Does Wine Have Carbs?
Anish Patel @ 2022-05-11 23:41:26 -0700
When you’re watching your carbs, you have to be a little more intentional about what you do when you go out. And when it’s time to open up that nice bottle of wine you’ve been saving? You may take a pause and ask yourself — are there carbohydrates in here? And if so, how many?
Here’s your answer: yes, wine does have carbs. However, the amount is very low, between 0-4 grams for a glass of dry wine. As far as most alcoholic beverages go, this makes dry wine one of the best choices you can make. But there are a few things to know.
First, there are so many different styles of wine out there and different styles yield varying levels of carbohydrates. The good news is that the wine with the lowest carb count is the easiest to find: dry wine. However, if you’re really trying to keep track of your carbohydrates, you need to have a basic understanding of which wines have the lowest carbs, and when those numbers start to climb.
Let’s take a look at where the carbohydrates in wine even come from, and how to find the lowest carb options for you.
Where do the carbs in wine come from?
A glass of dry wine has anywhere from 0 to 4 grams of carbohydrates. That’s pretty low compared to other beverages. Keep in mind that the sweeter the wine, the higher the carb count. This is because the carbs in wine come from the residual sugar in the wine.
When wine is fermented, sugar in the grapes is converted to alcohol in varying degrees. A lot of wine is “fermented dry,” which just means that all of the remaining sugar has been converted to alcohol, leaving no residual sugar in the wine. These wines taste dry; they may be fruity, but they don’t taste sweet.
Other wines are not fermented completely dry, meaning the fermentation process is halted before every last parcel of sugar is turned to alcohol. The resulting wine might be lower in alcohol, but it contains more sugar. And that means it has more carbs. You can taste the sweetness in these wines which tend to have notes of candy, honey, or sugar.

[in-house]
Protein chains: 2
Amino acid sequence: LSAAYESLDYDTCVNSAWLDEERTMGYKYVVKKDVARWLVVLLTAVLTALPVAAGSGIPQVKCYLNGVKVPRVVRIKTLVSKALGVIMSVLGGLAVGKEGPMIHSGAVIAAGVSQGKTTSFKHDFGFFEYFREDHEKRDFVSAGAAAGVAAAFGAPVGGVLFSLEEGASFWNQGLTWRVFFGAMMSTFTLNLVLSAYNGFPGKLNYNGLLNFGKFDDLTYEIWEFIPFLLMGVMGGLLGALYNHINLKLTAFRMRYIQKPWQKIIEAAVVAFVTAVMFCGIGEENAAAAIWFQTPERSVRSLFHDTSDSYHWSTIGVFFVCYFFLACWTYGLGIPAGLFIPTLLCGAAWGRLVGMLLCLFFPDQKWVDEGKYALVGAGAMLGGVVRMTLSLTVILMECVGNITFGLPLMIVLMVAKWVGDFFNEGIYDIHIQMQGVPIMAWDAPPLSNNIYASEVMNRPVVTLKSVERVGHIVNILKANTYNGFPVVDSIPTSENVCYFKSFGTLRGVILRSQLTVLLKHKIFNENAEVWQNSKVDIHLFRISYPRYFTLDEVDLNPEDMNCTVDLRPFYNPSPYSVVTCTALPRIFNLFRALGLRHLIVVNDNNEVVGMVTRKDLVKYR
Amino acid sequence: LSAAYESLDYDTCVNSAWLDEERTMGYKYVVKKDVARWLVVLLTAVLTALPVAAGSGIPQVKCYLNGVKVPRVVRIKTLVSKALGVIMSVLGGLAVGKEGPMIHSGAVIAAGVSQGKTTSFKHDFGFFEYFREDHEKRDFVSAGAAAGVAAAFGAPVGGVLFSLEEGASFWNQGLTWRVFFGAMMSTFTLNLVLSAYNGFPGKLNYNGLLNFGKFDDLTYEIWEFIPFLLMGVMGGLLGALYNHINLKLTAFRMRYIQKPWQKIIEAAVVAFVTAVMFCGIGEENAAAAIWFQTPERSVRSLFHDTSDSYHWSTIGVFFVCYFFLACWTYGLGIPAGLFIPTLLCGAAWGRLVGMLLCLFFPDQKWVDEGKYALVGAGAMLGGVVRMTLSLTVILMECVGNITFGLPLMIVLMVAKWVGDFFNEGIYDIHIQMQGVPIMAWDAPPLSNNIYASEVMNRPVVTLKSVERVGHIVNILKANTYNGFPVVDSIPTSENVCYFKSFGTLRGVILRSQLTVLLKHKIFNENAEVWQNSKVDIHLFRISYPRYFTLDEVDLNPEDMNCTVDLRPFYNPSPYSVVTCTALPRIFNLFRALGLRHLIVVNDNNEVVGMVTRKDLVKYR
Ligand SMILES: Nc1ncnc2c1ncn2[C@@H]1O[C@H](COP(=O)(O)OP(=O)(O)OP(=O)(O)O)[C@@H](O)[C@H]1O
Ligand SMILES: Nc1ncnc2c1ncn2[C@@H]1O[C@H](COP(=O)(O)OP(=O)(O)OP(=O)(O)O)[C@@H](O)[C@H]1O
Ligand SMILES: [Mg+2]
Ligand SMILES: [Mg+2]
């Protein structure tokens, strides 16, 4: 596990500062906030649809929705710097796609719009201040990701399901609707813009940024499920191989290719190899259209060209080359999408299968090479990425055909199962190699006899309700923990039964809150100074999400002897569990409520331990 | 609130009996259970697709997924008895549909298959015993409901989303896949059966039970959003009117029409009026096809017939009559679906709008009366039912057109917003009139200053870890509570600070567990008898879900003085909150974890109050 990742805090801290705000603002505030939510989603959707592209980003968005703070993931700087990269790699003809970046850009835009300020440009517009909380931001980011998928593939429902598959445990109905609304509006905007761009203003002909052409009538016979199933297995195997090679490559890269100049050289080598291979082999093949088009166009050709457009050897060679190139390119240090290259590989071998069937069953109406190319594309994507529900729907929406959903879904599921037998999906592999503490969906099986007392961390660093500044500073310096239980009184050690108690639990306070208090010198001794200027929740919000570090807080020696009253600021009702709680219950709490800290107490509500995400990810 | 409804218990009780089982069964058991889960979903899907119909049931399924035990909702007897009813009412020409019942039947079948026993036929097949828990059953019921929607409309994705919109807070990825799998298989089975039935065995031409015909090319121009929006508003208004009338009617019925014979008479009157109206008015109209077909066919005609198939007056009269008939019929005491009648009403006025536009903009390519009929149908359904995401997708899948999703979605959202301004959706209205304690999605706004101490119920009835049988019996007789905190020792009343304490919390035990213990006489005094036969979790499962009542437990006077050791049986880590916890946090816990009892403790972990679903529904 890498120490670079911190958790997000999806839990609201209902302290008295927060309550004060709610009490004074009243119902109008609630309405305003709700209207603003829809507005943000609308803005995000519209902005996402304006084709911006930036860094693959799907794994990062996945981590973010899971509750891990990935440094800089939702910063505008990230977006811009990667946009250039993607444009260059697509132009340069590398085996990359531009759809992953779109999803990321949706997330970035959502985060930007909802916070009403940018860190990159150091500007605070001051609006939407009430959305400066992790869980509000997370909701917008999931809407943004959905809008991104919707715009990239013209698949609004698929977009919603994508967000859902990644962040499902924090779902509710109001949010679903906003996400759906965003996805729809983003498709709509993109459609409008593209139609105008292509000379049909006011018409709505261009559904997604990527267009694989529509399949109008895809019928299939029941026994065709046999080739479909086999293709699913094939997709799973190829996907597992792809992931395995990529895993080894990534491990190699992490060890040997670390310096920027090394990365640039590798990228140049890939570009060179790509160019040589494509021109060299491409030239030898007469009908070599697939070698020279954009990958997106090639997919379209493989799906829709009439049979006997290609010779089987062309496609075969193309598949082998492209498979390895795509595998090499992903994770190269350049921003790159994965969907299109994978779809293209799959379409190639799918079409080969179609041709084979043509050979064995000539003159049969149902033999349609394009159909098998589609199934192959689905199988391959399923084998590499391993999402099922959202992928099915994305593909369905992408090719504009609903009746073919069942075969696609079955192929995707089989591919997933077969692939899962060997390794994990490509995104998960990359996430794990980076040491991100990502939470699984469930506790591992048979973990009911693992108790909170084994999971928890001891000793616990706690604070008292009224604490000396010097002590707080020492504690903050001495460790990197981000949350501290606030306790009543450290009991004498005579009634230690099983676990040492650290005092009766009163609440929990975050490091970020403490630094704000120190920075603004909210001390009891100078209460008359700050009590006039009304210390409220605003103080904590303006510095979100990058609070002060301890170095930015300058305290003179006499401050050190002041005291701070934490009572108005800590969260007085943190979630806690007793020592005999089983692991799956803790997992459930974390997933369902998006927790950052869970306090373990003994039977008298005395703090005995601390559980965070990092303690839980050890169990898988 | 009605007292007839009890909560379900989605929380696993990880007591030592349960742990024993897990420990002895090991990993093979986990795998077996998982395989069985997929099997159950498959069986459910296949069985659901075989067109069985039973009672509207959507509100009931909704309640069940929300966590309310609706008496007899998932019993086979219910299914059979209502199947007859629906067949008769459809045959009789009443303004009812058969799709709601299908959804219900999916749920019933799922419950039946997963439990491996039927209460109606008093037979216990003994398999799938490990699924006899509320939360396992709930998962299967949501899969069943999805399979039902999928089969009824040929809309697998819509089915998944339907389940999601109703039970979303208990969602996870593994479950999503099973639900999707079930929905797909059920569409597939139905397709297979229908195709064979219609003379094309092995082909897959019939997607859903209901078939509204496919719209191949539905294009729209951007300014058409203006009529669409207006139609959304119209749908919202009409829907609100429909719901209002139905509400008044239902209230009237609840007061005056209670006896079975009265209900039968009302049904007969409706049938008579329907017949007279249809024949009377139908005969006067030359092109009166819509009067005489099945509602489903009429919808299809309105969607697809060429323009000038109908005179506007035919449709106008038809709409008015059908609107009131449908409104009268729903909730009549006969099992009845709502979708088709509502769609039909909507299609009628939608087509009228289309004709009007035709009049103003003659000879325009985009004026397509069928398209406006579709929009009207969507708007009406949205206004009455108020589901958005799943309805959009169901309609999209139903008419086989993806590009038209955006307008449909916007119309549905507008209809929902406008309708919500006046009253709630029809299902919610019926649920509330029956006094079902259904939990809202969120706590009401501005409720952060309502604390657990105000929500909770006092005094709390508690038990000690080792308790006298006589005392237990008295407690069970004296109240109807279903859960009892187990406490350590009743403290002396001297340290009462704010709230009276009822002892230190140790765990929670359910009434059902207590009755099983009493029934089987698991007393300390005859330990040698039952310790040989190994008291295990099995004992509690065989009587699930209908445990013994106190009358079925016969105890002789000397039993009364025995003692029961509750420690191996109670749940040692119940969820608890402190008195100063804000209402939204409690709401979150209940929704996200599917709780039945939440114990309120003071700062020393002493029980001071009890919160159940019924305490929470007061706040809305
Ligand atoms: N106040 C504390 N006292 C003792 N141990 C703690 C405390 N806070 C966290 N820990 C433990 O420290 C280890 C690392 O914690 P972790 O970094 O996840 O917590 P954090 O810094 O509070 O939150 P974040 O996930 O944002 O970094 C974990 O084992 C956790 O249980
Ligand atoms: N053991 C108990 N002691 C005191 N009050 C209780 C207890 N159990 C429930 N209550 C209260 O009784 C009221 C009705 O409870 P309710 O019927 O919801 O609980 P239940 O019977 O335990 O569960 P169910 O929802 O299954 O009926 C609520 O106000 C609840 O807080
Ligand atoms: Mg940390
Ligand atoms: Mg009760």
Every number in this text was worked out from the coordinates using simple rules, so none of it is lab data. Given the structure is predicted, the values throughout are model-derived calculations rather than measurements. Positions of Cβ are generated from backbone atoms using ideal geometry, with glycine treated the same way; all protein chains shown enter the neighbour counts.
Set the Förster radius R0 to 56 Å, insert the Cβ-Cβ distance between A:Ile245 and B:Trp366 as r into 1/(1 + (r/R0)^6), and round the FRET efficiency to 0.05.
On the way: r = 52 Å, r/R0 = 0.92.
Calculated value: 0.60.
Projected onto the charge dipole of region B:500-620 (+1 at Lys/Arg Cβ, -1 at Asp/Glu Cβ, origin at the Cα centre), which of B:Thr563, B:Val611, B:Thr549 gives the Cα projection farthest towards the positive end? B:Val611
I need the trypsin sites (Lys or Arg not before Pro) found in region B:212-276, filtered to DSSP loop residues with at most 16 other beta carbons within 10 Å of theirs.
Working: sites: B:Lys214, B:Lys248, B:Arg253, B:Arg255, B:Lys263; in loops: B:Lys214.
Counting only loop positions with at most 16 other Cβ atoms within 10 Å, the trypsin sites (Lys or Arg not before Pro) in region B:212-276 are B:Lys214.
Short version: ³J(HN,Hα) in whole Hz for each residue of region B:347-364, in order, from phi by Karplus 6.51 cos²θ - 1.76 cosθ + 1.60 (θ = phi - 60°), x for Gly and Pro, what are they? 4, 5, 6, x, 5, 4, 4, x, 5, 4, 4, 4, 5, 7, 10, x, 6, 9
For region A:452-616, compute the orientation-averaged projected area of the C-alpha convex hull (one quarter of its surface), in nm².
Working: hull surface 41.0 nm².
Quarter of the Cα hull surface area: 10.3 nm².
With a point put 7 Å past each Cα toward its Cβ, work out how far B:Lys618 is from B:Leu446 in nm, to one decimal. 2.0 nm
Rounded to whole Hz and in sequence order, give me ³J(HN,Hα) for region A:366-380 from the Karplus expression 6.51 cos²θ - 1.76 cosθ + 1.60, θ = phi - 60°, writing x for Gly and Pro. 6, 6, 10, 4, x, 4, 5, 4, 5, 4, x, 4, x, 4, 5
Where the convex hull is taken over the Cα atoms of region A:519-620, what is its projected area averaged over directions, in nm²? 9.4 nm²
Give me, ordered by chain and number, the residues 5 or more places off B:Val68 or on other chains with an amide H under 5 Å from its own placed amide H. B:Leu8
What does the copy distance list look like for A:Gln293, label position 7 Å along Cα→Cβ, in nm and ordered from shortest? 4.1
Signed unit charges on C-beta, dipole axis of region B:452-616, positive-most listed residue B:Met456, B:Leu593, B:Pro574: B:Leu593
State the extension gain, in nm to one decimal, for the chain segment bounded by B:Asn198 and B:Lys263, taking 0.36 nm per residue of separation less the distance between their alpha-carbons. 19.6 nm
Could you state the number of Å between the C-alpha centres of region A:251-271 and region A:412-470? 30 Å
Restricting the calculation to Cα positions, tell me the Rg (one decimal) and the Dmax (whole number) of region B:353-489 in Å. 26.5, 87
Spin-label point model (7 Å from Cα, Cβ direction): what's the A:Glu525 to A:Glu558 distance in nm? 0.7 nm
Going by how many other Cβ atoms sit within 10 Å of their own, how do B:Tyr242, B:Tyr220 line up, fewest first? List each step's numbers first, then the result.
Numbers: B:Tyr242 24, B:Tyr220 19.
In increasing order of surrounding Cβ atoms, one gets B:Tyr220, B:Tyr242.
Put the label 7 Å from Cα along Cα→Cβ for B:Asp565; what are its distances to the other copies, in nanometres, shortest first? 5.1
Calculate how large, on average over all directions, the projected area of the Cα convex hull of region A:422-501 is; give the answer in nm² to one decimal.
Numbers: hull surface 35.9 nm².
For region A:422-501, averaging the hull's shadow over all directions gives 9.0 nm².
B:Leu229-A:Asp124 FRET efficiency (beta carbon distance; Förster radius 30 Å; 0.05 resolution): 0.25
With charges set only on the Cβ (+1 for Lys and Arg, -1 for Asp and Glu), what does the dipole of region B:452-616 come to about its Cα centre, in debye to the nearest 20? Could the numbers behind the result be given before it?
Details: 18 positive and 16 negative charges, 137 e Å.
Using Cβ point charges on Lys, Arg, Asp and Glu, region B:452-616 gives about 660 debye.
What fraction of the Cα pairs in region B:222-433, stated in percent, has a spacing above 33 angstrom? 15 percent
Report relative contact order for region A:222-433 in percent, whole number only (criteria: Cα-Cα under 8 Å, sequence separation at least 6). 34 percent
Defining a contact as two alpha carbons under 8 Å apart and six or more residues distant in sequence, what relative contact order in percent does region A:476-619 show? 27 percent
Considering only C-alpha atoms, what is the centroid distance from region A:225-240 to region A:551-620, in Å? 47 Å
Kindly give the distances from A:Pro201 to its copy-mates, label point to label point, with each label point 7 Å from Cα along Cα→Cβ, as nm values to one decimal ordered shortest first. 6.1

And then there are conventional, mass-produced wines. These wines often have sugar added to them to enhance the flavor. The way to avoid this is to drink natural wine, which doesn’t have to add anything to it to make it taste good.
Now that you understand the basics of wine carbohydrates, let’s compare wine to other alcoholic beverages.
Carbs In Wine Vs. Other Alcoholic Beverages
When it comes to cocktails, the carb count really depends on what the cocktail is made of. Liquor doesn’t have any carbs, but once you add mixers, fruit juice, soda, liqueurs, and syrups, you can end up with a really high carb count.
Check out this list of common beverages and their carb count:
- A glass of dry white or red wine: 0-4 grams
- A lager: 6.2 grams
- A stout: 10 grams
- A bloody mary: 10 grams
- A mimosa: 12 grams
- A margarita: 13 grams
- A whiskey and coke: 14 grams
- A glass of dessert or sweet wine: 20 grams
As you can see, the sweetness of a wine seriously changes the carbs. And so does the presence of fruit juice, as well as the style of beer.
How to find low-carb wine.
Wine can be dry as a bone or off-dry, meaning it has a touch of residual sugar. Or it can be a sweet wine, full of sugar. Here’s how to shop for wine to pick out the low-carb options.
The drier the better.
Wines that are fermented dry are the most common style of wine. So you’re in luck. White wine tends to be a touch drier than many reds, but there are still tons of options in red wine. For whites, the driest wines you can find are Chenin Blanc, Sauvignon Blanc, Pinot Grigio, Chardonnay, Vinho Verde, Verdejo, and Albariño.